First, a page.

Presentation on theme: "Saira Sarwar Fatima Zaidi. Turner syndrome results when one of a female’s sex chromosomes (an X chromosome) is missing or structurally altered. This."— Presentation transcript:
Saira Sarwar Fatima Zaidi
Turner syndrome results when one of a female’s sex chromosomes (an X chromosome) is missing or structurally altered. This results in loss of genetic material from one of the chromosomes. Turner Syndrome can also occur when a sex chromosome is partially missing or rearranged. Most cases of Turner Syndrome are not inherited. Instead, this chromosome abnormality can occur randomly during the formation of reproductive cells during cell division.
Turner Syndrome is the absence or alteration of an X chromosome or part of an X chromosome.
Turner Syndrome Karyotype Missing X Chromosome
Turner Syndrome affects a girl’s growth and sexual development Short, stocky stature (avg. height of untreated woman is 4 ft. 8 inches) Arms that turn out slightly at the elbow Developmental Delays Ovarian failure Extra folds of skin on neck (webbed neck) Low hairline at the back of neck Puffiness and Swelling of hands and feet (lymphedema) Skeletal abnormalities Kidney Problems Heart Defects or problems Infertility Dry Eyes Low set ears Under-active thyroid Problems with breast development
An newborn baby girl with Turner Syndrome, with the characteristic webbed neck and low hairline that is common in this condition.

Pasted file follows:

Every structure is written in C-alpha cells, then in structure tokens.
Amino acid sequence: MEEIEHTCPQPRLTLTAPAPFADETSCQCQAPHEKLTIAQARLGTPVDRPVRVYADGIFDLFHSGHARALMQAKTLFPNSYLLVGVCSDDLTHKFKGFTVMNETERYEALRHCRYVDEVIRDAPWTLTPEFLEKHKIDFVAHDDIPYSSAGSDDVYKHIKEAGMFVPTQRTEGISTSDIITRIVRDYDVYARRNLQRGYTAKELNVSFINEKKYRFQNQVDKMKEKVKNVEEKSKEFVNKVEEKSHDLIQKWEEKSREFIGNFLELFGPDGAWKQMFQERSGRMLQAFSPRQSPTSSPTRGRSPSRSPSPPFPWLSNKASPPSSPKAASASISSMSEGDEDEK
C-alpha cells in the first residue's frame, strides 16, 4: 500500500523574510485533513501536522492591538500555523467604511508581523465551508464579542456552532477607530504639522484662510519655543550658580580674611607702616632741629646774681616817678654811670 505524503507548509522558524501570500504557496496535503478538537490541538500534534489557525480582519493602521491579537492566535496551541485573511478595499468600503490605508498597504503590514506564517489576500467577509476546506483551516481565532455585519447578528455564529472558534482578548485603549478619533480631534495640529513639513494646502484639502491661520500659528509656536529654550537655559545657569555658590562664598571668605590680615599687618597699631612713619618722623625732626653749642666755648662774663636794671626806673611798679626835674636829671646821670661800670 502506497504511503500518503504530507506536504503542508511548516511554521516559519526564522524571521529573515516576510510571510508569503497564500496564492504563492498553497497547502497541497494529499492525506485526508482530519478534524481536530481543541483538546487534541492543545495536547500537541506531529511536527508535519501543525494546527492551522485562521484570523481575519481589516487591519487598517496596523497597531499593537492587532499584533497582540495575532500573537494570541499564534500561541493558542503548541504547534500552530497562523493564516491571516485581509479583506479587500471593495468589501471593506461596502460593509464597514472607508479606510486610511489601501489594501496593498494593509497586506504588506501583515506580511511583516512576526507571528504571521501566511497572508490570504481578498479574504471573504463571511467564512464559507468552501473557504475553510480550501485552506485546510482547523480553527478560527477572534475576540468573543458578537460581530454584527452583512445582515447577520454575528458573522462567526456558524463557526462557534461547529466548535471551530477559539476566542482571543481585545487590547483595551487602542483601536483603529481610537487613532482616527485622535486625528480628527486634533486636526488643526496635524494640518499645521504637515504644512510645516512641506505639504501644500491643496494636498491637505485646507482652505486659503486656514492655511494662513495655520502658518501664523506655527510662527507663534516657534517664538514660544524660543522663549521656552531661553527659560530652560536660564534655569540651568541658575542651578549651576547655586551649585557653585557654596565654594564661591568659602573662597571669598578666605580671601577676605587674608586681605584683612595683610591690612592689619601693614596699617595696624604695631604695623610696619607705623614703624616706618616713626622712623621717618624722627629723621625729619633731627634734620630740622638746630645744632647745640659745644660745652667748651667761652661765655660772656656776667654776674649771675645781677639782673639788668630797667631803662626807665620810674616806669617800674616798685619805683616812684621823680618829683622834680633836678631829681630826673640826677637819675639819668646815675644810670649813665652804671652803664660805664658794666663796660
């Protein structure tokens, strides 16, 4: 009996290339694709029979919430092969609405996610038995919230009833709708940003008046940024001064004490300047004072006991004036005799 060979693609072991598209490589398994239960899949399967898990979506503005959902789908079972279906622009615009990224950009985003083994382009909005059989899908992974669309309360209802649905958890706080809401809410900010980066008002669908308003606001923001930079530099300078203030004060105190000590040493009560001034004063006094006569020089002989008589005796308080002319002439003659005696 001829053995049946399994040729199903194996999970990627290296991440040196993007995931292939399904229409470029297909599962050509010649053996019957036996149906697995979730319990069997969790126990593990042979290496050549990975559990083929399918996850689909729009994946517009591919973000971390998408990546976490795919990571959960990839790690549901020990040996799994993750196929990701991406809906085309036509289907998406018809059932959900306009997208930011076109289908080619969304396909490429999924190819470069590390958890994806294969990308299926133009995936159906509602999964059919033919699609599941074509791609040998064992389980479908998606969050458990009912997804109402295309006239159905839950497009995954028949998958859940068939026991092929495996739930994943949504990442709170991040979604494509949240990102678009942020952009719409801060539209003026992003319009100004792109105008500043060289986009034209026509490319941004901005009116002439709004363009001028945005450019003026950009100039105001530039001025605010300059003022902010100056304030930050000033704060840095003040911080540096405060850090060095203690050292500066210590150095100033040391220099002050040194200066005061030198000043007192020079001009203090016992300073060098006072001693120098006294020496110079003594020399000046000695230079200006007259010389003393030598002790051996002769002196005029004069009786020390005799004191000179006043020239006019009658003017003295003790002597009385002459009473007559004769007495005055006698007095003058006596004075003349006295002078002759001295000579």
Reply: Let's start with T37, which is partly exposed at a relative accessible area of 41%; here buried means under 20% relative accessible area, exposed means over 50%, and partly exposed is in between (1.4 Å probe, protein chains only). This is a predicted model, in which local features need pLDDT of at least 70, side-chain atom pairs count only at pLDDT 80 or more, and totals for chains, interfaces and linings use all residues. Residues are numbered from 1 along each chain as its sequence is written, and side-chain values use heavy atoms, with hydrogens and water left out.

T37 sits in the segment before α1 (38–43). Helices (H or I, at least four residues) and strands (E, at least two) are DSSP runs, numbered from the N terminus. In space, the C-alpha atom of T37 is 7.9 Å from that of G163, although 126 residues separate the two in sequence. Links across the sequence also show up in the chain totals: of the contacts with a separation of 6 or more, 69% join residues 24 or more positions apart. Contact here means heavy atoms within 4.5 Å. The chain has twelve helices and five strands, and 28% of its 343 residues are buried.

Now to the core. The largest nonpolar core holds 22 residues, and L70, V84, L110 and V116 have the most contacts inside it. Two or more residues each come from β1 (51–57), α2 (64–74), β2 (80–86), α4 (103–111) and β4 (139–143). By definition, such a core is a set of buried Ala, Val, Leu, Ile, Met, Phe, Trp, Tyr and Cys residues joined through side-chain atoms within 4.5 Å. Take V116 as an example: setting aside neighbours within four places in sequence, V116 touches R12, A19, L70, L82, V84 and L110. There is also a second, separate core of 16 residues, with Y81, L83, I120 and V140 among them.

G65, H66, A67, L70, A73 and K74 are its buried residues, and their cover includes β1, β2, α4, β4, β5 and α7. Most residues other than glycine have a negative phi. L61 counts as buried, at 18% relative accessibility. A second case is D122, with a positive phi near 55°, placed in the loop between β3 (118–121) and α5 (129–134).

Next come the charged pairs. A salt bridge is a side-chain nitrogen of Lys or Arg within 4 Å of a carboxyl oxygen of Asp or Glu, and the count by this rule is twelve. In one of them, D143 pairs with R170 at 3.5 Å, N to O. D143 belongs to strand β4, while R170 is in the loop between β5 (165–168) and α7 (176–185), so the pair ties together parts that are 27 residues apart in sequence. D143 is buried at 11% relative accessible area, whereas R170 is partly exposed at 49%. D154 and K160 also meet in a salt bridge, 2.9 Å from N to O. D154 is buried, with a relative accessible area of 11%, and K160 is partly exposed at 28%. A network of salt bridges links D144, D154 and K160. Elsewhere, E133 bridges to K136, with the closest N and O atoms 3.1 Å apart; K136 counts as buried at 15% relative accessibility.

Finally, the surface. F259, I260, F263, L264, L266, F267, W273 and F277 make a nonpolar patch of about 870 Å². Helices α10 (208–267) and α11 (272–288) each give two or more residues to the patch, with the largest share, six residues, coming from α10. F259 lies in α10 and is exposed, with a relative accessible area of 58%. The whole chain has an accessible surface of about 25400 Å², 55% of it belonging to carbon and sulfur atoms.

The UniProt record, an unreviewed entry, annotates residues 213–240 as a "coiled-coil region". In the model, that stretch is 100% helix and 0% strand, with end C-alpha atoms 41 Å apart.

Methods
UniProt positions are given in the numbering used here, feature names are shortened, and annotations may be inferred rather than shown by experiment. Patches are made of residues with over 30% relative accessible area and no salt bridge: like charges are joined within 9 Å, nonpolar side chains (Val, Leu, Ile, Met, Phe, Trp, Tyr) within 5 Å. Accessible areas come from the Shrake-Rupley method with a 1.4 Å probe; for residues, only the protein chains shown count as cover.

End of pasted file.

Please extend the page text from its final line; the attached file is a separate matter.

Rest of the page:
This disease only affects women. Women have a hard time dealing with this, and it can be hard for them to find a partner that won’t mind this disease. Since Turner Syndrome isn’t hereditary, families of girls with this disease may not have any idea, at first, how to treat it or deal with it. In this way, it can be challenging for families. Mostly life is pretty normal for them. They just have to live with frequent doctor's visits and check-ups. Young girls with Turner Syndrome also have to take growth hormones such as estrogen and endure a schedule of shots to treat this condition. Women with Turner Syndrome also sometimes have difficulty with math, but they may have an advanced vocabulary.
Unfortunately, there is no known way to prevent Turner Syndrome at this time. Turner Syndrome also has no known cure. However, there are a variety of treatment options such as taking medications and growth hormones prescribed by doctors, undergoing surgery, getting regular screenings by doctors and also seeking support and counseling. There are two different kinds of medication given to treat Turner Syndrome. One kind of medication used is to increase the growth rate, and also helps them to become taller, since the normal height of women who have this disease is only around four feet. And the other medication is estrogen, which is the female growth hormone. another female hormone that can also be given is progesterone, which helps them have normal monthly menstrual cycles. People with Turner Syndrome also have an increased risk of developing certain diseases and potentially harmful conditions, such as high blood pressure. To keep these in low risk, doctor’s would recommend regular check ups and appointments, as well as treating the disease as soon as it is diagnosed. The earlier, the better.
A girl with Turner Syndrome, before and after her operation for correction of a webbed neck.
Turner Syndrome was named after founder Dr. Henry Turner, an endocrinologist. He recognized a pattern of short stature and incomplete sexual maturation in otherwise normal females and published a report describing this syndrome in The first patient that was diagnosed with Turner Syndrome was a 14 year old girl in 1959, by a team of doctors. A report was published on this girl and this became the first published report of a female lacking a chromosome.
Famous people with Turner Syndrome include: Actress Linda Hunt Renowned Gymnast Missy Marlowe